SC orders refund of RFID fees to motorists
The Supreme Court on Wednesday has ordered a refund of the Radio Frequency Identification (RFID) fees paid by every motor vehicle owner as it nullified the P2.45-billion RFID Memorandum of Agreement entered into by the government with Stradcom Corporation (Stradcom) in 2009.
In a 30-page decision, the high court through Chief Justice Maria Lourdes Sereno said RFID fees collected during the RFID Project’s implementation prior to the Court’s issuance of its Jan.12, 2010 Status Quo Ante Order (SQAO) should be refunded.
“The RFID fees collected during the implementation of the RFID Project prior to the issuance of this Court’s Status Quo Ante Order are likewise ordered refunded to the payors thereof,” the high court said.
The RFID Project, as presented by Stradcom to the government, was an enhancement to the current motor vehicle registration system. It is an automatic identification technology whereby digital data encoded in an RFID tag or “smart label” are captured by a reader using radio waves. Put simply, it is similar to bar code technology, but uses radio waves to capture data from tags, rather than optically scanning the bar codes on a label. On June 16, 2009, the RFID MOA was entered into between Stradcom and the government through the Department of Transportation and Communications (DOTC) and the Land Transportation Office (LTO).
The government pushed through with the project because it was seen to benefit the motoring public and the transport group by detecting colorum and out of line public utility vehicles, thus increasing the income of legitimate drivers and protecting the public from unscrupulous drivers.
The high court, however, said the project should have undergone public bidding pursuant to Section 5 of the BOT Law which provides that upon the approval of a project, a notice must be made, inviting all prospective project proponents to a competitive public bidding.
“In this case, it is patently admitted by DOTC/LTO that no public bidding was conducted on the RFID Project, which was presented by Stradcom as a proposal that would enhance the existing LTO IT Project,” the Court held. It added that neither does this case fall under the exception to the rule on public bidding per Section 5-A of RA 6957, as amended by RA 7718, which states that “direct negotiation shall be resorted to when there is only one complying bidder left.”
“The RFID MOA must, thus, be struck down by this Court for failure to comply with the rules on public bidding. There is no guarantee that the RFID fee that will be charged to the public is a fair and reasonable price, as it has not undergone public bidding,” the high court said.
The high court said there is no guarantee that the public will be receiving maximum benefits and quality services, especially from the additional hardware, such as the RFID tags and readers.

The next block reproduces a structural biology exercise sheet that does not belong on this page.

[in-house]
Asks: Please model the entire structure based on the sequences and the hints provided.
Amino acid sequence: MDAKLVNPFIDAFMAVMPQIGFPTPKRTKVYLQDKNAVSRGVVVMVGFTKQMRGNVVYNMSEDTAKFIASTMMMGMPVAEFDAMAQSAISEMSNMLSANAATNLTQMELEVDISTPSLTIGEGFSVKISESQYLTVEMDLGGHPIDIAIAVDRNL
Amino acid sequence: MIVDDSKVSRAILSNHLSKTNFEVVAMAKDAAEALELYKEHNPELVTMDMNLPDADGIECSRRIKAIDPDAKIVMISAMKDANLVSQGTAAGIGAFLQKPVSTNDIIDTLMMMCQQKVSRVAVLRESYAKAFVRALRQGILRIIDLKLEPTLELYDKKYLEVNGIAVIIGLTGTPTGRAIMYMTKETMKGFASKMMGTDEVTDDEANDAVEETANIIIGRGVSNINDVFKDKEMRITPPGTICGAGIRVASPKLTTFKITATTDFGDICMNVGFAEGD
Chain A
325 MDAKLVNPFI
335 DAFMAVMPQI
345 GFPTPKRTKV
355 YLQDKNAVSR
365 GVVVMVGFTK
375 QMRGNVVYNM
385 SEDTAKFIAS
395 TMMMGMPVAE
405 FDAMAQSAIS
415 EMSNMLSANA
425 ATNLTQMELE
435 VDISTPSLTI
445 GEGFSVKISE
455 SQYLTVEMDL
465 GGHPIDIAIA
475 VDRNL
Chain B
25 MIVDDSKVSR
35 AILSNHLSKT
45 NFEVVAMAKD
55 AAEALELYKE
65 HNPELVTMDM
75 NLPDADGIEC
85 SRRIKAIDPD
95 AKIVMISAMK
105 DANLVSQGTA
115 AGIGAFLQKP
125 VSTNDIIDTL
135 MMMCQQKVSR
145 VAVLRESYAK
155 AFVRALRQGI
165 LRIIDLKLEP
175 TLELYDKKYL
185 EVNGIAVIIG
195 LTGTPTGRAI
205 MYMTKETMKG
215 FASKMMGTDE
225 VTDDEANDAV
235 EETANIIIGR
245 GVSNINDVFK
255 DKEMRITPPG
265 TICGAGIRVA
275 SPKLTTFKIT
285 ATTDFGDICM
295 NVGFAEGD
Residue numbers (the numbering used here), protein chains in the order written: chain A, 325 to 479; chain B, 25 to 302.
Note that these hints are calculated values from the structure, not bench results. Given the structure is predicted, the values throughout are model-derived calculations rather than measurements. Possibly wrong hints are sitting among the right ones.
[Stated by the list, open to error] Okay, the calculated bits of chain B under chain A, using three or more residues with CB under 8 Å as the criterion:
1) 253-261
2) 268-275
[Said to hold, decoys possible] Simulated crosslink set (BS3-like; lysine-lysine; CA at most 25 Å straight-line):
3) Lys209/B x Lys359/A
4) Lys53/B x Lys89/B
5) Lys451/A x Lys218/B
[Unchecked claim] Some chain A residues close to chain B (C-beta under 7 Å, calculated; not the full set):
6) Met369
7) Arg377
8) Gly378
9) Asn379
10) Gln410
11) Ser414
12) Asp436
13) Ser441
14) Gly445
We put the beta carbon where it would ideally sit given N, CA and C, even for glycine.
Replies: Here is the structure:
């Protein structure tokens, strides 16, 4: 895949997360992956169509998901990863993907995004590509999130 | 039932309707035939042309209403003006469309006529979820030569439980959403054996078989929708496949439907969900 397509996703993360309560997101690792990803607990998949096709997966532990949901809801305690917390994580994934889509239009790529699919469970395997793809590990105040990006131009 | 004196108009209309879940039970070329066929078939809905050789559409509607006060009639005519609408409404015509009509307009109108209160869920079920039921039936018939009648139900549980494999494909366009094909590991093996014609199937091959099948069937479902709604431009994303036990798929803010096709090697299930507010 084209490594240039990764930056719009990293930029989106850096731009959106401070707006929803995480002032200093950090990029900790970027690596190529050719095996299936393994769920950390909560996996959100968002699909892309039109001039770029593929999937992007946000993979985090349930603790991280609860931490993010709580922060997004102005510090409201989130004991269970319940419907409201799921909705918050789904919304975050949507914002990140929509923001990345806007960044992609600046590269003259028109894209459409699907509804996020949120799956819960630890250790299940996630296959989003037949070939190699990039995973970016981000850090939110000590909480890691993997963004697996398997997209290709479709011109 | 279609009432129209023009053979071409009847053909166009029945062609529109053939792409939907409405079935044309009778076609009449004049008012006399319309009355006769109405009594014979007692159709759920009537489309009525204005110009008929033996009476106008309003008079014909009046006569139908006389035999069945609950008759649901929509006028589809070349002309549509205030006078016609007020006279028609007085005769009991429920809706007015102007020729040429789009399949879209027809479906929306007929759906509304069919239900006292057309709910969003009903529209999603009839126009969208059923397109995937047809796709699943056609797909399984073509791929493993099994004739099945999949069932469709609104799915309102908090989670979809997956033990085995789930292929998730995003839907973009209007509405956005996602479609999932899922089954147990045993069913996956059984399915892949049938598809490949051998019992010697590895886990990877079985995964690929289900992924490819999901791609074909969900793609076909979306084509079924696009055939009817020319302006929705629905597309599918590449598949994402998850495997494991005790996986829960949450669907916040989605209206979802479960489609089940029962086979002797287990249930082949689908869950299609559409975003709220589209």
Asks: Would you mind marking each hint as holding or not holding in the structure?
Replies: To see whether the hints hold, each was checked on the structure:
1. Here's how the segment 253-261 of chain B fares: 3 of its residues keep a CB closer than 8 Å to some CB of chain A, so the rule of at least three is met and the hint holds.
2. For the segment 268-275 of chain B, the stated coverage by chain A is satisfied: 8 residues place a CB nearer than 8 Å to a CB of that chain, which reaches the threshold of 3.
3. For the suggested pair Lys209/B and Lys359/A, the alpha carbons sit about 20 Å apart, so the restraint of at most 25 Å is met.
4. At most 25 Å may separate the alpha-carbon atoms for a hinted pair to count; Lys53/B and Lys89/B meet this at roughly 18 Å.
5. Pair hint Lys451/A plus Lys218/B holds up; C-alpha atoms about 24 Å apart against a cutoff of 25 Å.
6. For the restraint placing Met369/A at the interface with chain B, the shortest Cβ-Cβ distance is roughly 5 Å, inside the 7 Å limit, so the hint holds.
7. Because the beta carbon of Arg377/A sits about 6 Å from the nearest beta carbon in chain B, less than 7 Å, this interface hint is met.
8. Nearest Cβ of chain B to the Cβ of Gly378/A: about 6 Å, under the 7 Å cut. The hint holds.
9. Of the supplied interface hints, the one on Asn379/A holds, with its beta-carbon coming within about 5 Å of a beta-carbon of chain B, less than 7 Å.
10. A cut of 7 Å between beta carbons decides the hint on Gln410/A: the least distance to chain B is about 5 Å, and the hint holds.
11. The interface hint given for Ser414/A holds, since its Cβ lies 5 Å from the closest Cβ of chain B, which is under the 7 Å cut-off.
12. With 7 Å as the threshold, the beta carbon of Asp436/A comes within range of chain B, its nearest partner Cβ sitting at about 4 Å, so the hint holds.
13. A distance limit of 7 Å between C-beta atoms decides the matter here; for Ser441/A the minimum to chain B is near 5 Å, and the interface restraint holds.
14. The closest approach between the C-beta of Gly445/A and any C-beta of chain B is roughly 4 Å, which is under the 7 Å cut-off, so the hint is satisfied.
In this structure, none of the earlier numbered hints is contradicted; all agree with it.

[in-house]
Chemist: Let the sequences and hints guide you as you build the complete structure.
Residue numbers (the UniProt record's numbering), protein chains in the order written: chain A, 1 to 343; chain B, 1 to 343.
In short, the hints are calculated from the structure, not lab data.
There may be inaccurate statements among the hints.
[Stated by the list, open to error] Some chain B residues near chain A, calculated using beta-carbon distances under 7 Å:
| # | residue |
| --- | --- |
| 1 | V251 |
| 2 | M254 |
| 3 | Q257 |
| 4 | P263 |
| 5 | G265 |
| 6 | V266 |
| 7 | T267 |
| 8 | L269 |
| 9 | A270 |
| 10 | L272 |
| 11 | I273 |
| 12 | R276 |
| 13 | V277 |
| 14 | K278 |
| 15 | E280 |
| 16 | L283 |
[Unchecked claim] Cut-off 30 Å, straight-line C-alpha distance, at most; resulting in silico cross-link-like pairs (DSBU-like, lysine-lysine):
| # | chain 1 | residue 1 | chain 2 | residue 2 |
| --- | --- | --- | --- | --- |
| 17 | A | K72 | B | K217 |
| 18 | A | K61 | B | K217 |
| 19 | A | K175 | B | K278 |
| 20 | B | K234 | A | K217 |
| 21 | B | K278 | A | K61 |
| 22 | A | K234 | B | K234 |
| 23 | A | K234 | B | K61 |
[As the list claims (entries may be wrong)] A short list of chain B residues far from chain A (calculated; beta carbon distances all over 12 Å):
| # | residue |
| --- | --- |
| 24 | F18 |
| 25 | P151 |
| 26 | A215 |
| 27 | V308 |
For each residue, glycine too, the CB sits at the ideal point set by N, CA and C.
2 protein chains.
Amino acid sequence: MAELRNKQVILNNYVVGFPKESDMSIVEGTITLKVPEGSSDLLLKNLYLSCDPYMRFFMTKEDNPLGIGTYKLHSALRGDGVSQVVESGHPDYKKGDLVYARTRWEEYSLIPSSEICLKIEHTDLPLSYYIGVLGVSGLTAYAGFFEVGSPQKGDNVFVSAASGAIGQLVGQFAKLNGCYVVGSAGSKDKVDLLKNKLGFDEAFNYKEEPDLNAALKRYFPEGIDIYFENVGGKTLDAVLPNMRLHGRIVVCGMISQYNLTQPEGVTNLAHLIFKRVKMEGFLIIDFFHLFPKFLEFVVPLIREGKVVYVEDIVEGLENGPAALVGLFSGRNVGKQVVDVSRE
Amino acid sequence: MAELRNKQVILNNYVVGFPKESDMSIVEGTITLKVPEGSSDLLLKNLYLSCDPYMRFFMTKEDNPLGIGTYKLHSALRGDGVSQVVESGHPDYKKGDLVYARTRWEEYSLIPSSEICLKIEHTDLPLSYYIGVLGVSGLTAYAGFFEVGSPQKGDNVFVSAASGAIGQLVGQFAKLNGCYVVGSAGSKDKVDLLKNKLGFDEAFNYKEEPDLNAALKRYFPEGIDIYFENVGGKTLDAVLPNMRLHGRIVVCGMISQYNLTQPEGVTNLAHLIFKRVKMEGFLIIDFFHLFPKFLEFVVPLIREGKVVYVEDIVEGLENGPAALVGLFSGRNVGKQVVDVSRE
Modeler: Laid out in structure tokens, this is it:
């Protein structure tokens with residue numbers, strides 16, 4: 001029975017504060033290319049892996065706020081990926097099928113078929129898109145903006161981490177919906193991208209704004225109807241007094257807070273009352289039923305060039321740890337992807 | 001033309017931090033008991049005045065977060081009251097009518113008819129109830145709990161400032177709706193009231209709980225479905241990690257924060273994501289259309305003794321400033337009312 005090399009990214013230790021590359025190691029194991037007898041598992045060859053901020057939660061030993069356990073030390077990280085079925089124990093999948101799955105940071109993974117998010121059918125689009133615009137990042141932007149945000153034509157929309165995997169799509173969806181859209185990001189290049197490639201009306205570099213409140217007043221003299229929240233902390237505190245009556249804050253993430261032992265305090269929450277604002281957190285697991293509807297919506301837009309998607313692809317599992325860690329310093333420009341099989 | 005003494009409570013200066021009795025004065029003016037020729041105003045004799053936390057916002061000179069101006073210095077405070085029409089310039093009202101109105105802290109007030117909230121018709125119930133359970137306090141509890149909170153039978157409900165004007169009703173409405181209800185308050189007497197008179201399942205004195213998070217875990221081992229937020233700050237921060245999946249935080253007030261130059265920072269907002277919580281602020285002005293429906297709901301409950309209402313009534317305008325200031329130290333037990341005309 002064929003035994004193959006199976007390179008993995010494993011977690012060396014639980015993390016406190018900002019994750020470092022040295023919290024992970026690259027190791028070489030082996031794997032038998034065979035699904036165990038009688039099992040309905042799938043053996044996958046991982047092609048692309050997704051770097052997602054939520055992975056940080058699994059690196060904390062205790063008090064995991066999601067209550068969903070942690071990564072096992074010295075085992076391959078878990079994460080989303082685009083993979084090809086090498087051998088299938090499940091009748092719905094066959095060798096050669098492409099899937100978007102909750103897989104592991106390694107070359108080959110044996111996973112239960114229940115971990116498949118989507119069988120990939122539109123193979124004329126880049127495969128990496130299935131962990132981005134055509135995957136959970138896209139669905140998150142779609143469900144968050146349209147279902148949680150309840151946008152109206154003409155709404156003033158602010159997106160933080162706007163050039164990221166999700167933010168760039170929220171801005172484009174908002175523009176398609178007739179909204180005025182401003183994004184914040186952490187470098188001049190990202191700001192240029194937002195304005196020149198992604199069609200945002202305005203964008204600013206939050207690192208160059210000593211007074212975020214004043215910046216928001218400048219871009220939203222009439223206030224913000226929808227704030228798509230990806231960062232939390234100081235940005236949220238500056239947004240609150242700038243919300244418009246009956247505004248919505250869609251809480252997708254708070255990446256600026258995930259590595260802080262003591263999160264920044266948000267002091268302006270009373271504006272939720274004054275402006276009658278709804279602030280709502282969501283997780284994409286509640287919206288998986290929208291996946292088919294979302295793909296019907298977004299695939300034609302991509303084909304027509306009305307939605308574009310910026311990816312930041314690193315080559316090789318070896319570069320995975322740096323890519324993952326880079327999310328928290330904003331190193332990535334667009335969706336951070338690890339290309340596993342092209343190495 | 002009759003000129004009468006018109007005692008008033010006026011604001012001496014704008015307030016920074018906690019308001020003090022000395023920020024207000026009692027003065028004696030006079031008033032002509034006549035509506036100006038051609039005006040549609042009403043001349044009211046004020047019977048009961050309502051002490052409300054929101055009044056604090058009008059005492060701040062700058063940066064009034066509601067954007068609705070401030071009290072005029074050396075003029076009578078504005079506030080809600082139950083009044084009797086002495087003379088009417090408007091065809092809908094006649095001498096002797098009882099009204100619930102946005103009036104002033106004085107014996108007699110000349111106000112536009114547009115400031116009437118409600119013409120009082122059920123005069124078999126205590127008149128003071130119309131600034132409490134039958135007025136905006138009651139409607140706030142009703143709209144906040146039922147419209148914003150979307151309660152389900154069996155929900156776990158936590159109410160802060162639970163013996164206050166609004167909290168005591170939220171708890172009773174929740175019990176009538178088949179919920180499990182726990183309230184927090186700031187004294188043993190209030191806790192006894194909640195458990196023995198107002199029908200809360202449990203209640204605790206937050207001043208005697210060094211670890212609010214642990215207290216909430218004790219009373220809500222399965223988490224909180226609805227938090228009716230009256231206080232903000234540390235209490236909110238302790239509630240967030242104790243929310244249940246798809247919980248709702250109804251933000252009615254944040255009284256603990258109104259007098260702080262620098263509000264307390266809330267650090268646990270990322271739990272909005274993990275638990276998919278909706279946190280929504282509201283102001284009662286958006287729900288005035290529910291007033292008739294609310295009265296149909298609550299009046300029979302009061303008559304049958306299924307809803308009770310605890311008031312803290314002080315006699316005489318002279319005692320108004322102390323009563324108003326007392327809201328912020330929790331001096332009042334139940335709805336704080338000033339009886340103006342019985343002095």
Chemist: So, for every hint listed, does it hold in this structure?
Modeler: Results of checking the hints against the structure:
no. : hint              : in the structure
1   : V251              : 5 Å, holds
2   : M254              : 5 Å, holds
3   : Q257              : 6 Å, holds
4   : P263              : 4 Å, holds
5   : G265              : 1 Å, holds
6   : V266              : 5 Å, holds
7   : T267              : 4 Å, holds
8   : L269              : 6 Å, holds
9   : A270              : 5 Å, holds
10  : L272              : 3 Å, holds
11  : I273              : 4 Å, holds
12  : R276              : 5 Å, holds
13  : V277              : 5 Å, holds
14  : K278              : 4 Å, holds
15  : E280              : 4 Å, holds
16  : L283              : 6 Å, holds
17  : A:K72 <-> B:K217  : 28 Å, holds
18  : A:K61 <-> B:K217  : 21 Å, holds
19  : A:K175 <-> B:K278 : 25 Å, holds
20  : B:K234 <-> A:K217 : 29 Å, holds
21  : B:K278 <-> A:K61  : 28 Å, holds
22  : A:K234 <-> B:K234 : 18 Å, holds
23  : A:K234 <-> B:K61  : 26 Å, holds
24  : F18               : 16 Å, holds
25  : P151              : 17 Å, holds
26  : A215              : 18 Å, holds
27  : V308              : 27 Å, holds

“These are to be procured by Stradcom from its two suppliers, which have not been identified and are not even parties to the RFID MOA. On the other hand, Stradcom, which has been awarded the exclusive right to develop and operate the RFID system without having undergone competitive public bidding, stands to earn considerable amounts of revenue from the contract. In fact, in just three months, the period when the RFID Project was implemented prior to the issuance of the Status Quo Ante Order by this Court, the LTO had already generated P29,894,200 in RFID Fees. Clearly, the evils sought to be avoided by the requirement of competitive public bidding are evident in this case,” the Court ruled.
RFID required all vehicles to install stickers containing a microchip that stores vehicle information. For a one-time fee of P350.00, the LTO plans to install the RFID tags on some 4,760,593 vehicles thereby raising P1.6 billion in revenues. The RFID tag is supposed to last 10 years.
However, Bayan Muna, Gabriela, Anakpawis, and Pagkakaisa ng mga Samahan ng Tsuper at Operator Nationwide (PISTON) said the RFID violated the 1987 Constitution for intruding into “people’s protected zone of privacy” as well as Republic Act 9184 or the Government Procurement Reform Act..
“The use of RFID tags is a threat to the right to privacy of citizens as the technology, given the proper configuration, may be used by government operatives or malicious elements for information gathering, tracking and surveillance especially since as per the LTO’s implementing rules, the tags will store “other data deemed necessary,” which is ambiguous,” petitioners said.
They also pointed out that there is neither sufficient information nor public advisory and wide public consultation on the project. “From all angles, this project does not pass muster. It would be more prudent for the government to shelve it for the meantime.” JE
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